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My story: Magdalen Bartlett

Afrocats was founded in 2003 to provide individuals with access to opportunities that they may otherwise be restricted from because of their immigration status, class, age, cultural inexperience and education. Magdalen herself has her own story of family migration and culture shock. The experience of dealing with the challenges of life in a new country has shaped our organisation. Here she shares her story.

I arrived in the UK from Barbados in December 1988 when I was 12. My family lived in London for a year where I attended school and for the first time, I experienced what it was like to be in an ethnic and cultural minority. We moved to Moss Side in Manchester, where the majority black community faced stigma and frequent stereotyping in the media. My parents lived in council housing which often placed black people in segregated pockets leading to postcode discrimination, isolated communities and low employment aspirations.

My mother was active in cultural activities and recognised their importance for forming identity and confidence. She enrolled us both in a local all-female Afro-Caribbean group called Abasindi, which had held performances around the UK since the 1970s and had a good following. Abasindi provided me with an important platform to embrace and celebrate my cultural heritage in my new country. I was able to travel around England performing as a dancer and delivering workshops from the age of 14 which was hugely important for me. I had been very shy when I arrived in the UK and this opportunity allowed me to develop my confidence, my abilities and my sense of self.

A few years later my family was threatened with deportation and we fought this with the aid of our local community. Our campaign was high-profile and featured in newspapers and local television in Manchester and beyond. I attended university in Bedford during this time to study dance and drama and promoted our campaign there, gaining further support from students and locals. Our campaign has since been archived in the Ahmed Iqbal Centre at Manchester Central Library and appeared in books. We won our appeal to stay but the whole process was protracted and highly stressful for my family.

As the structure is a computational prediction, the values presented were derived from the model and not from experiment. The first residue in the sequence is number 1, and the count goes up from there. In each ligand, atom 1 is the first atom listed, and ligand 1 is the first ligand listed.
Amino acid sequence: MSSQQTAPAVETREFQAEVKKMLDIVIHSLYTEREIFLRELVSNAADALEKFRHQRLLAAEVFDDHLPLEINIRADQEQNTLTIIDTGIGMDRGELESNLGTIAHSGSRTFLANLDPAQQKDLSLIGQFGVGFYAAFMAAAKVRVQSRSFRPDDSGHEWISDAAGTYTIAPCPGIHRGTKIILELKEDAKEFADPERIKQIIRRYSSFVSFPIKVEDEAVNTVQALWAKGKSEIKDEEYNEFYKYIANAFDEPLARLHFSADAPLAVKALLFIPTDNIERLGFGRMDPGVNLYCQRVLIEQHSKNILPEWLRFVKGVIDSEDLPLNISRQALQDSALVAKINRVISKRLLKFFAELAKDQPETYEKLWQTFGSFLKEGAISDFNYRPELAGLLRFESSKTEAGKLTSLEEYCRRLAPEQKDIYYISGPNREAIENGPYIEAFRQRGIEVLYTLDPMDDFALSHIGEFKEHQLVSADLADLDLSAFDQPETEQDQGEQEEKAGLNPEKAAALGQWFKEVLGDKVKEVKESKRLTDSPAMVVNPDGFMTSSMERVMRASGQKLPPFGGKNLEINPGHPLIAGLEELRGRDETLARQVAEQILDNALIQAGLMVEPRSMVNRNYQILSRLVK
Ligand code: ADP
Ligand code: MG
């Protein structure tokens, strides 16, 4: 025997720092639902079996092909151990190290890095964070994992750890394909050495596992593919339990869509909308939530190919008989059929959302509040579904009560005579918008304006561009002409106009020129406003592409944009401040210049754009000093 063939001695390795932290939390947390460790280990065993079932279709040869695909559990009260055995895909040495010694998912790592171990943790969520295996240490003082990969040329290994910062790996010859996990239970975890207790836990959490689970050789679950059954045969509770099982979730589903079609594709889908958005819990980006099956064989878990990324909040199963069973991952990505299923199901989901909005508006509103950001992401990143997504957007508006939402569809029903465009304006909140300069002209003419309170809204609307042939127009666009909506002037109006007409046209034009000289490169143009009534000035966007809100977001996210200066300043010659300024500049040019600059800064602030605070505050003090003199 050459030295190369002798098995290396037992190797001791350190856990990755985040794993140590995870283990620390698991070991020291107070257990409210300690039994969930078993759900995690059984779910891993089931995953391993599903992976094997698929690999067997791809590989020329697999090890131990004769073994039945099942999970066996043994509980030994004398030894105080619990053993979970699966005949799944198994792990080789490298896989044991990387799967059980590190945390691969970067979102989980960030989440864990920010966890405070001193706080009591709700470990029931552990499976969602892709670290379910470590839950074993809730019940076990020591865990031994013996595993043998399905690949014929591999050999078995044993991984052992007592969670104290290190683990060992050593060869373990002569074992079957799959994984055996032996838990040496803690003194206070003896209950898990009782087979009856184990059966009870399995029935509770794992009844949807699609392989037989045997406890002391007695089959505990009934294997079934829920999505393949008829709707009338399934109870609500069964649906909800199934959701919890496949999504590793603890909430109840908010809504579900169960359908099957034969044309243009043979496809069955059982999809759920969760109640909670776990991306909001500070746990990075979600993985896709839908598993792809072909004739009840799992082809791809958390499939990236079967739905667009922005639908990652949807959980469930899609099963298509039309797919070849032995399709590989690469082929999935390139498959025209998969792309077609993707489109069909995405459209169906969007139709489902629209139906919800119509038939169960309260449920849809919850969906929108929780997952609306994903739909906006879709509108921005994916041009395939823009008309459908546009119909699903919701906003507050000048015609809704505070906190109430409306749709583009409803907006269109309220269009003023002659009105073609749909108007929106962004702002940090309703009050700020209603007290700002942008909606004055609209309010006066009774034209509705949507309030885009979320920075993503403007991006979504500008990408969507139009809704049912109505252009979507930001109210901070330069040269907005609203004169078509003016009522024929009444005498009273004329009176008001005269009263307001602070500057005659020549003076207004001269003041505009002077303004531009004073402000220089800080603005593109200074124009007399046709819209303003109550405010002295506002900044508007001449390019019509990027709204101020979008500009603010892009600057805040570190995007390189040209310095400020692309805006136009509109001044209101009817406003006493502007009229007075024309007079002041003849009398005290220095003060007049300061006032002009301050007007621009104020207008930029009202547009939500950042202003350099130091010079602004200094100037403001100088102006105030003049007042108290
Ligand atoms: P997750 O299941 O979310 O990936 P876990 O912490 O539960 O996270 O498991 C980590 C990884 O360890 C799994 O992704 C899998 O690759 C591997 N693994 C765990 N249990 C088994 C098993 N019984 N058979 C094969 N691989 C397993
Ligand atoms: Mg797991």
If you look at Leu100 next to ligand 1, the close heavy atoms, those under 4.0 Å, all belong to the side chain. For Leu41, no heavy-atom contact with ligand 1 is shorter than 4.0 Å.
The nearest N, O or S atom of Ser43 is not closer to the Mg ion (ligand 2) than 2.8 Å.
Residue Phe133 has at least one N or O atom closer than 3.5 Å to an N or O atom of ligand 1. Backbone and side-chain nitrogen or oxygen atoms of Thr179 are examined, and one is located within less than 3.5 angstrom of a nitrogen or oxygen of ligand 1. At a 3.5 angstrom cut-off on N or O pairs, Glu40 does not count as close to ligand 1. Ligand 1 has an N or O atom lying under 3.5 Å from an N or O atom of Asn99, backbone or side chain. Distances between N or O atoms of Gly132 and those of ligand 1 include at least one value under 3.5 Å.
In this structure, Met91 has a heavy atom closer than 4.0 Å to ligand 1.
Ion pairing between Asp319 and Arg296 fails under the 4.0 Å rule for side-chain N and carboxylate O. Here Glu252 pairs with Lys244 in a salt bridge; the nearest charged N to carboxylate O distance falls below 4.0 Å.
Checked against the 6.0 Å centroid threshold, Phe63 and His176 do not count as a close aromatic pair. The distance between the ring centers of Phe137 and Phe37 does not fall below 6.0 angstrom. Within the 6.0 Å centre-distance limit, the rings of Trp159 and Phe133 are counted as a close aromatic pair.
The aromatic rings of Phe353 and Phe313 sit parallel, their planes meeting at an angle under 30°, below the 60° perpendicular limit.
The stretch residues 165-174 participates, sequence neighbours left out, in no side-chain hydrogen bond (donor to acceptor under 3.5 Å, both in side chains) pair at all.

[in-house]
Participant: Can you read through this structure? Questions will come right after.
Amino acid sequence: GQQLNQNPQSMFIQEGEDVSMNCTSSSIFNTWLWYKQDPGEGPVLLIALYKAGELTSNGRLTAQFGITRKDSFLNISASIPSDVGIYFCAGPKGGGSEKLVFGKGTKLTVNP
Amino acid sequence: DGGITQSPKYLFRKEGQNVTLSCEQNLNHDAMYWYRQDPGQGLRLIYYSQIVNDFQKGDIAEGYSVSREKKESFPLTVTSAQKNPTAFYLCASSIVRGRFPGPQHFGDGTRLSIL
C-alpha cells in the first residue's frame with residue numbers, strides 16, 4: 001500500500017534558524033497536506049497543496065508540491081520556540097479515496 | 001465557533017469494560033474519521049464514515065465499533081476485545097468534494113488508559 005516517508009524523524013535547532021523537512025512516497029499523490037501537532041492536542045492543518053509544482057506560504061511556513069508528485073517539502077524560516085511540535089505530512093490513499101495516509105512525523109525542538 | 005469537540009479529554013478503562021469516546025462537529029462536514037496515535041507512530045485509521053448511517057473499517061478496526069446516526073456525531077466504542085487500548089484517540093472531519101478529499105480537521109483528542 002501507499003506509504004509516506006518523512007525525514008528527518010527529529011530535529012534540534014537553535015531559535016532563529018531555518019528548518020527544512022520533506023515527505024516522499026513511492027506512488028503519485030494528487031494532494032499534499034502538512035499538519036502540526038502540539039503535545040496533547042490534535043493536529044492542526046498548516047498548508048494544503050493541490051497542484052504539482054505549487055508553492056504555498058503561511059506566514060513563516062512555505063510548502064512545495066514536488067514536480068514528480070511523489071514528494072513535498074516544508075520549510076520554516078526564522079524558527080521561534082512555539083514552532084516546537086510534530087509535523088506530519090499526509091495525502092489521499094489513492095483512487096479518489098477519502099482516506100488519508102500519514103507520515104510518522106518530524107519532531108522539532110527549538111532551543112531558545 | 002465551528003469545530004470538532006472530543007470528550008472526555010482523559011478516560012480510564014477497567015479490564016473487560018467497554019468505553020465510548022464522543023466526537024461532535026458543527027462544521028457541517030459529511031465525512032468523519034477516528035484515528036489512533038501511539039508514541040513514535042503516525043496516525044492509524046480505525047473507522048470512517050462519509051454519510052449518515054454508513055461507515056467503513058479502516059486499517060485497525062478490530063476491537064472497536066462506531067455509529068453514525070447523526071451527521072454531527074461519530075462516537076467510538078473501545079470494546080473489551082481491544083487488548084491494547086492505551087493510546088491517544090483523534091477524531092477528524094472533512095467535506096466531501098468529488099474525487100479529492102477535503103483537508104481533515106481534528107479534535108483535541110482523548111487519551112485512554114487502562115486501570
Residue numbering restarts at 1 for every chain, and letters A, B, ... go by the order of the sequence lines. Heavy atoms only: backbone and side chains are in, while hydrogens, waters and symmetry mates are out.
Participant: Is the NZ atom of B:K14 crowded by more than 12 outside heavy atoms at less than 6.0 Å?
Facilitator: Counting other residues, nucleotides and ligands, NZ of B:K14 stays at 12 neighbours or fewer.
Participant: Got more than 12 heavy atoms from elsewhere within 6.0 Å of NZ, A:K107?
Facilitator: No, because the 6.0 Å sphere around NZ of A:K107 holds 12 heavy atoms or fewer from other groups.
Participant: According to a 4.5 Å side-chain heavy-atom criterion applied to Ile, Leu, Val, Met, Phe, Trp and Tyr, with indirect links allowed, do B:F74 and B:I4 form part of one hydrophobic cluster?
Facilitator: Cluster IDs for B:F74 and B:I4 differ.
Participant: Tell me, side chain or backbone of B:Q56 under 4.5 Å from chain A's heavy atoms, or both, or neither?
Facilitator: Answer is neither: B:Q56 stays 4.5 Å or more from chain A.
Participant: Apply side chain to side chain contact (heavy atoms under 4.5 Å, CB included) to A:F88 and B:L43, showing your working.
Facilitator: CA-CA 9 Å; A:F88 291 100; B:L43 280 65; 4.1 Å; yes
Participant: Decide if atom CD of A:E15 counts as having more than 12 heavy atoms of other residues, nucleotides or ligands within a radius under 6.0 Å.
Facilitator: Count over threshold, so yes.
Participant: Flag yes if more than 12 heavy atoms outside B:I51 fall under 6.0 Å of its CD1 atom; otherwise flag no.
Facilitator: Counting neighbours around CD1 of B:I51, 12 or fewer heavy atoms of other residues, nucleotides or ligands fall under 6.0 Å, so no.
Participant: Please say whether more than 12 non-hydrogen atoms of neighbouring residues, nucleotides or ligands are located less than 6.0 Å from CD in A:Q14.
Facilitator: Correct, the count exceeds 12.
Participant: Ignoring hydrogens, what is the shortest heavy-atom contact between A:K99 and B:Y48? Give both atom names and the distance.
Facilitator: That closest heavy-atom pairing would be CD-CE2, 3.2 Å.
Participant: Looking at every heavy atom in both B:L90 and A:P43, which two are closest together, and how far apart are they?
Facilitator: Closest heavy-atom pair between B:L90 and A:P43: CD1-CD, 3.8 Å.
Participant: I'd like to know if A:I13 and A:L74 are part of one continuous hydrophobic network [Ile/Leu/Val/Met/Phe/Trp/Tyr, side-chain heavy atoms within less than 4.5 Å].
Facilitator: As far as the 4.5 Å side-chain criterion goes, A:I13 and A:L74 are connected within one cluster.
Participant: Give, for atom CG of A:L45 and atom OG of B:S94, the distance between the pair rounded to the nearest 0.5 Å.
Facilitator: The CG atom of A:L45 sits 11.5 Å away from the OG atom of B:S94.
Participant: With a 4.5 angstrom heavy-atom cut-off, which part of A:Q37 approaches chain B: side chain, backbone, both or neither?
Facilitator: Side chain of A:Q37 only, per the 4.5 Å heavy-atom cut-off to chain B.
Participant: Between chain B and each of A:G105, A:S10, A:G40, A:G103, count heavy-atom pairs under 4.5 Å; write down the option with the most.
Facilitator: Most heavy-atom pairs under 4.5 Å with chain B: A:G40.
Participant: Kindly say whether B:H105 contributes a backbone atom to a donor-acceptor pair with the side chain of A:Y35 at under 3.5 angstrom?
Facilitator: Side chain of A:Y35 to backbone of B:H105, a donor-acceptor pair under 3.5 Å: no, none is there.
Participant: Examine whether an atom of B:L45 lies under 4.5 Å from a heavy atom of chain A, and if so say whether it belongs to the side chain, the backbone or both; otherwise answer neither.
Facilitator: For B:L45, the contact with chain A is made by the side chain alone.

I successfully graduated from both college and university, however, I was always very aware of being a minority throughout and was often the sole black person, an isolating experience. Throughout my career in the creative industries, I have found that there is a racial disparity between those who lead events and the participants, with people of colour largely fulfilling the latter role. Frequently in my professional career, I find myself in spaces where again I am the only black person.

After finding it difficult to get a management-level position I decided to create an opportunity for both myself and the people I work with by setting up Afrocats. This allowed me to move from being an artist to working as an arts project manager and then as a community engagement consultant. I find it very fulfilling to use my skills and experience to help others who struggle to navigate the necessary social hurdles for progression.

I am a UK-Caribbean black woman with a big dream of managing Afrocats with the strength and will to address social change in a place where the possibilities are limitless but the environment can be hostile. I am determined that Afrocats will use its platform to enhance lives through art, expression and community solidarity. It is an organisation that shines a light for those who need it and will nurture those future leaders who risk being marginalised or overlooked.

They who have endured it have an additional determination to make a change for themselves and for those who will follow.


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